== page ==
Social Cue

Quick Definition: Signals that are given, usually consciously during a social interaction, that communicate a person’s thoughts or expected actions at certain intervals of a group’s activity.

Full Definition:

Social cues help us understand other people better and facilitate non-verbal communication. A well known social cue, for example, is to introduce new members to existing group members. Thus, Mystery’s “Introduce me. It is the polite thing to do” leverages the expectations of this social cue. Examples of an event with many social cues is at a dinner party,  where the host makes a toast, guests sit down and wait to start eating when the host does, etc. These are all part of the commonly known and accepted social cues that govern how an event or group of people should behave in certain situations.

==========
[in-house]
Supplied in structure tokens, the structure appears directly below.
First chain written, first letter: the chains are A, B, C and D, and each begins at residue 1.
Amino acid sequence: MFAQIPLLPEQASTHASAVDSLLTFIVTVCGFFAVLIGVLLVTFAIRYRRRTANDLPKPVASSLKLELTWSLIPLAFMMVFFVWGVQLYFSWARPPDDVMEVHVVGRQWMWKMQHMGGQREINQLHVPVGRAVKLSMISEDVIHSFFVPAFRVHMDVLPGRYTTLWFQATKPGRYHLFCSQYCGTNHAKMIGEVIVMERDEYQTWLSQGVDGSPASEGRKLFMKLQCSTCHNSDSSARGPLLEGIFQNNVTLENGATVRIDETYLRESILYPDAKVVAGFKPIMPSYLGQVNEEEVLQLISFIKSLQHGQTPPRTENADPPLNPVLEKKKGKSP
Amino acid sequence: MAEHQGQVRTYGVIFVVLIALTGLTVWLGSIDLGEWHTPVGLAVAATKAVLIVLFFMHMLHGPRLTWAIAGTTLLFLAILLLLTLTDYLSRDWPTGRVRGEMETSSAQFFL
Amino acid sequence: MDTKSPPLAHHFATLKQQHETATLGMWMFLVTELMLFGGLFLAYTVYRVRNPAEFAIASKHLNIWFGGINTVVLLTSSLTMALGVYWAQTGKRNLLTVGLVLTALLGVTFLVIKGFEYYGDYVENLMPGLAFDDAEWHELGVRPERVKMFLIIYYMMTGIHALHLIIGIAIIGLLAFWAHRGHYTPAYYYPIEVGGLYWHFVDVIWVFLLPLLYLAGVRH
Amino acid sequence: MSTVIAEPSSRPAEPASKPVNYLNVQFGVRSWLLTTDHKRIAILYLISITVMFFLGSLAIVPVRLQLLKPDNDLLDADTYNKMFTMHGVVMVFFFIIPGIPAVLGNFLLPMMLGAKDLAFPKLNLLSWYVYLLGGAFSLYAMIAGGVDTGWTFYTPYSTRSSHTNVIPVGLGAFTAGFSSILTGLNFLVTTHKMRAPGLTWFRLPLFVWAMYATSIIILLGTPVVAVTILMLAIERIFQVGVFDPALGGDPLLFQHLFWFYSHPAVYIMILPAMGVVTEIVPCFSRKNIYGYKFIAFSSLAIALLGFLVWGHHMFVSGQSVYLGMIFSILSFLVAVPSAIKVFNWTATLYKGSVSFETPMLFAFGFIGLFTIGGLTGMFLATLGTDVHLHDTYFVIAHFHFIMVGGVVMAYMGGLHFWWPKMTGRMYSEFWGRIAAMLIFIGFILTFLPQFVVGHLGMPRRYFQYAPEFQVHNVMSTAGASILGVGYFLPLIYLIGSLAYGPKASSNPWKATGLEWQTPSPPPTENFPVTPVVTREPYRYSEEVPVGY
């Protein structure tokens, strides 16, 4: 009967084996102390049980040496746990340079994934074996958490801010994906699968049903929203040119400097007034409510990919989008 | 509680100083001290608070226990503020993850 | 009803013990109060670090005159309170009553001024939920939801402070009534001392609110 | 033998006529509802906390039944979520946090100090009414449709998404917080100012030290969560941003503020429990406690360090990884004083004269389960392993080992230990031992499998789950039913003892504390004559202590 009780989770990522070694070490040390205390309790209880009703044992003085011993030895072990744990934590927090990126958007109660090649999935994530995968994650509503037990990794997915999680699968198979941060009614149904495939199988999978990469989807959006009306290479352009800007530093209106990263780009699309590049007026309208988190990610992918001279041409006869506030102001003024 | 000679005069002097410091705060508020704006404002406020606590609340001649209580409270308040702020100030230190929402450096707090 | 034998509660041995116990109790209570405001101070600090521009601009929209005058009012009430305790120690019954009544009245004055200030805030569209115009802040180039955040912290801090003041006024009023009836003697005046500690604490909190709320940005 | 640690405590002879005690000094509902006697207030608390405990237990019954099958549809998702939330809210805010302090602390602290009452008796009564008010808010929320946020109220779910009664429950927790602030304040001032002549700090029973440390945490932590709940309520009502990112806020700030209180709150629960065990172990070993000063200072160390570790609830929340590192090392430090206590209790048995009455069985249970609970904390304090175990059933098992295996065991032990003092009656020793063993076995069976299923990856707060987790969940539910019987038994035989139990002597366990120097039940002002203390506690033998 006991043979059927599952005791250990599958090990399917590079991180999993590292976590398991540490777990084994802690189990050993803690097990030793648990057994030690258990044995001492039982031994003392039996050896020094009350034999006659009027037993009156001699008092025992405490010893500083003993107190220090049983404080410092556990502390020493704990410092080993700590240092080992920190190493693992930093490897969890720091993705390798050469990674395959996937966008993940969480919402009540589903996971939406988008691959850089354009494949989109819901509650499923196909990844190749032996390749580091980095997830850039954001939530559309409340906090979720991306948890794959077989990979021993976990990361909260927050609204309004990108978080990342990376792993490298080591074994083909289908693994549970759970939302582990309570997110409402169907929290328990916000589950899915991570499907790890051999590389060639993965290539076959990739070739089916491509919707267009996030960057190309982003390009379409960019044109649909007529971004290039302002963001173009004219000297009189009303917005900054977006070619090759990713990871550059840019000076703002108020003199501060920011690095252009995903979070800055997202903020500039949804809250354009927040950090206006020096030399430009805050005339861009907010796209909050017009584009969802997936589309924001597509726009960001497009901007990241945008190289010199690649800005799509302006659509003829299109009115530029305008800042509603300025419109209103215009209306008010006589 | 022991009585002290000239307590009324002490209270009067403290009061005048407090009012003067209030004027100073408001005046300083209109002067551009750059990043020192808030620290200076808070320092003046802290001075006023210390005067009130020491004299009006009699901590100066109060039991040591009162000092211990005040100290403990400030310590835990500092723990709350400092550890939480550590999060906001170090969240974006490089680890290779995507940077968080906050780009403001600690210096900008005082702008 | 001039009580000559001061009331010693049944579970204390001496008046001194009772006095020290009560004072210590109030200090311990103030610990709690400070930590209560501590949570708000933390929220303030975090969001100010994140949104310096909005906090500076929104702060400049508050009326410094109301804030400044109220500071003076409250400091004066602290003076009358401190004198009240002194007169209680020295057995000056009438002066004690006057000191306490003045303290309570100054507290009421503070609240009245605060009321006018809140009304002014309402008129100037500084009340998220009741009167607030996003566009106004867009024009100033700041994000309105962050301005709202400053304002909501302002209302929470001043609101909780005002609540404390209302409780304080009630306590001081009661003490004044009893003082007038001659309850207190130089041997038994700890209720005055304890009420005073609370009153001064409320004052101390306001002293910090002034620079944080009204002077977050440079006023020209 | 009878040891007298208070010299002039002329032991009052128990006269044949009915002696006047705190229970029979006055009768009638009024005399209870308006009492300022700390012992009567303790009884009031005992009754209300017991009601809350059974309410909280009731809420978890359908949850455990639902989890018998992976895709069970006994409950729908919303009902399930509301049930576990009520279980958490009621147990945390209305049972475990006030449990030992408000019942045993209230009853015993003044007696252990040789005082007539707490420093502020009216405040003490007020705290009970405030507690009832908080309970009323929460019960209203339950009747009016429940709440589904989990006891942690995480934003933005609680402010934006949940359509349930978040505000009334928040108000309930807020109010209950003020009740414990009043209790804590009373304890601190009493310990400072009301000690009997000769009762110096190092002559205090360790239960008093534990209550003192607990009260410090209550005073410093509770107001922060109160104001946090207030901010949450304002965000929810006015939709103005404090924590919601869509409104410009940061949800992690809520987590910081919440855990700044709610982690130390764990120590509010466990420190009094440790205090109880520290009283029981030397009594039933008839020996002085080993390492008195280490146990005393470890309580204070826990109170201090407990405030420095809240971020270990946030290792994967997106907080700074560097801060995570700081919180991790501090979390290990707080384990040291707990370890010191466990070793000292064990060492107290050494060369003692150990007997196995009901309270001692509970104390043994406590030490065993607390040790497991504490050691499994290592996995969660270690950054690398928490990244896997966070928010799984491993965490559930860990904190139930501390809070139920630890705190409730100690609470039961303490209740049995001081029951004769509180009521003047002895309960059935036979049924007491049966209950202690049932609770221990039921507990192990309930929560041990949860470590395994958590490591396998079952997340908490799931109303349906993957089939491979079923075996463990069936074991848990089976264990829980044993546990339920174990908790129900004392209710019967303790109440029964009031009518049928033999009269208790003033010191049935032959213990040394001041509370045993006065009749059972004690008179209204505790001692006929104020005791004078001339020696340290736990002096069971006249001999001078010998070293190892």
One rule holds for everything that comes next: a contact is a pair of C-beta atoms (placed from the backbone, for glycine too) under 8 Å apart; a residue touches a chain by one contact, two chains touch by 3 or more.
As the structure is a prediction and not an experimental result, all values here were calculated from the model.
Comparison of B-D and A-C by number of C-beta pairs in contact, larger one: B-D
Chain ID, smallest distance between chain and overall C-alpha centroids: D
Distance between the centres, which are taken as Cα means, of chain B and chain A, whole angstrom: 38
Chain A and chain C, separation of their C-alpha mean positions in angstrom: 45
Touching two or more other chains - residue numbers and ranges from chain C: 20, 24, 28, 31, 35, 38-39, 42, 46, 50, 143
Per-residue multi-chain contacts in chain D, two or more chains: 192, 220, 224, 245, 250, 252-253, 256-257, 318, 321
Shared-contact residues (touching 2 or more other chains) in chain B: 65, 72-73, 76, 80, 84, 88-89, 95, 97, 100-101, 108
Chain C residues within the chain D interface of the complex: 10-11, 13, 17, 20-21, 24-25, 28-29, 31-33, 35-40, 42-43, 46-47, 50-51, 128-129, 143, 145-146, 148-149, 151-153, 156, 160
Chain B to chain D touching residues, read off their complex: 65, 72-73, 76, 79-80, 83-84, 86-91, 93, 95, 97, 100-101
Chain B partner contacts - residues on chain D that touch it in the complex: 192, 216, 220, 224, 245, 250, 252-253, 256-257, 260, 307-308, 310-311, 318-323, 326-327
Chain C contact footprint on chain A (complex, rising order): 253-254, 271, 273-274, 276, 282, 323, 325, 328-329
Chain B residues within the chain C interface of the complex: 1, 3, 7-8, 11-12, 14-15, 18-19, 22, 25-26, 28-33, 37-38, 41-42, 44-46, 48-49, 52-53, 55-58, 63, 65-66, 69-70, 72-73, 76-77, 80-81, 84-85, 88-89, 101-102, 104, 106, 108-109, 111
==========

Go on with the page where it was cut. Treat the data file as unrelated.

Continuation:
Understanding social cues shows social intelligence, but a complete adherence to them can also express conformity. Thus, the most important thing for a PUA is to be aware of social cues and make his own decisions of whether or not to follow them. Social cues can also differ greatly from country to country. In Indonesia, for example, it is extremely disrespectful to touch someone else with your left hand because it is commonly believed that the left hand is also the hand that uses toilet paper to clean the person’s behind.


Do you notice the social cues we got to politely leave from that cliquish group of people?

Related Terms: Social Programming, Male Pattern Blindness, Subcommunication, Social Hierarchy

Source: Behavioral Psychology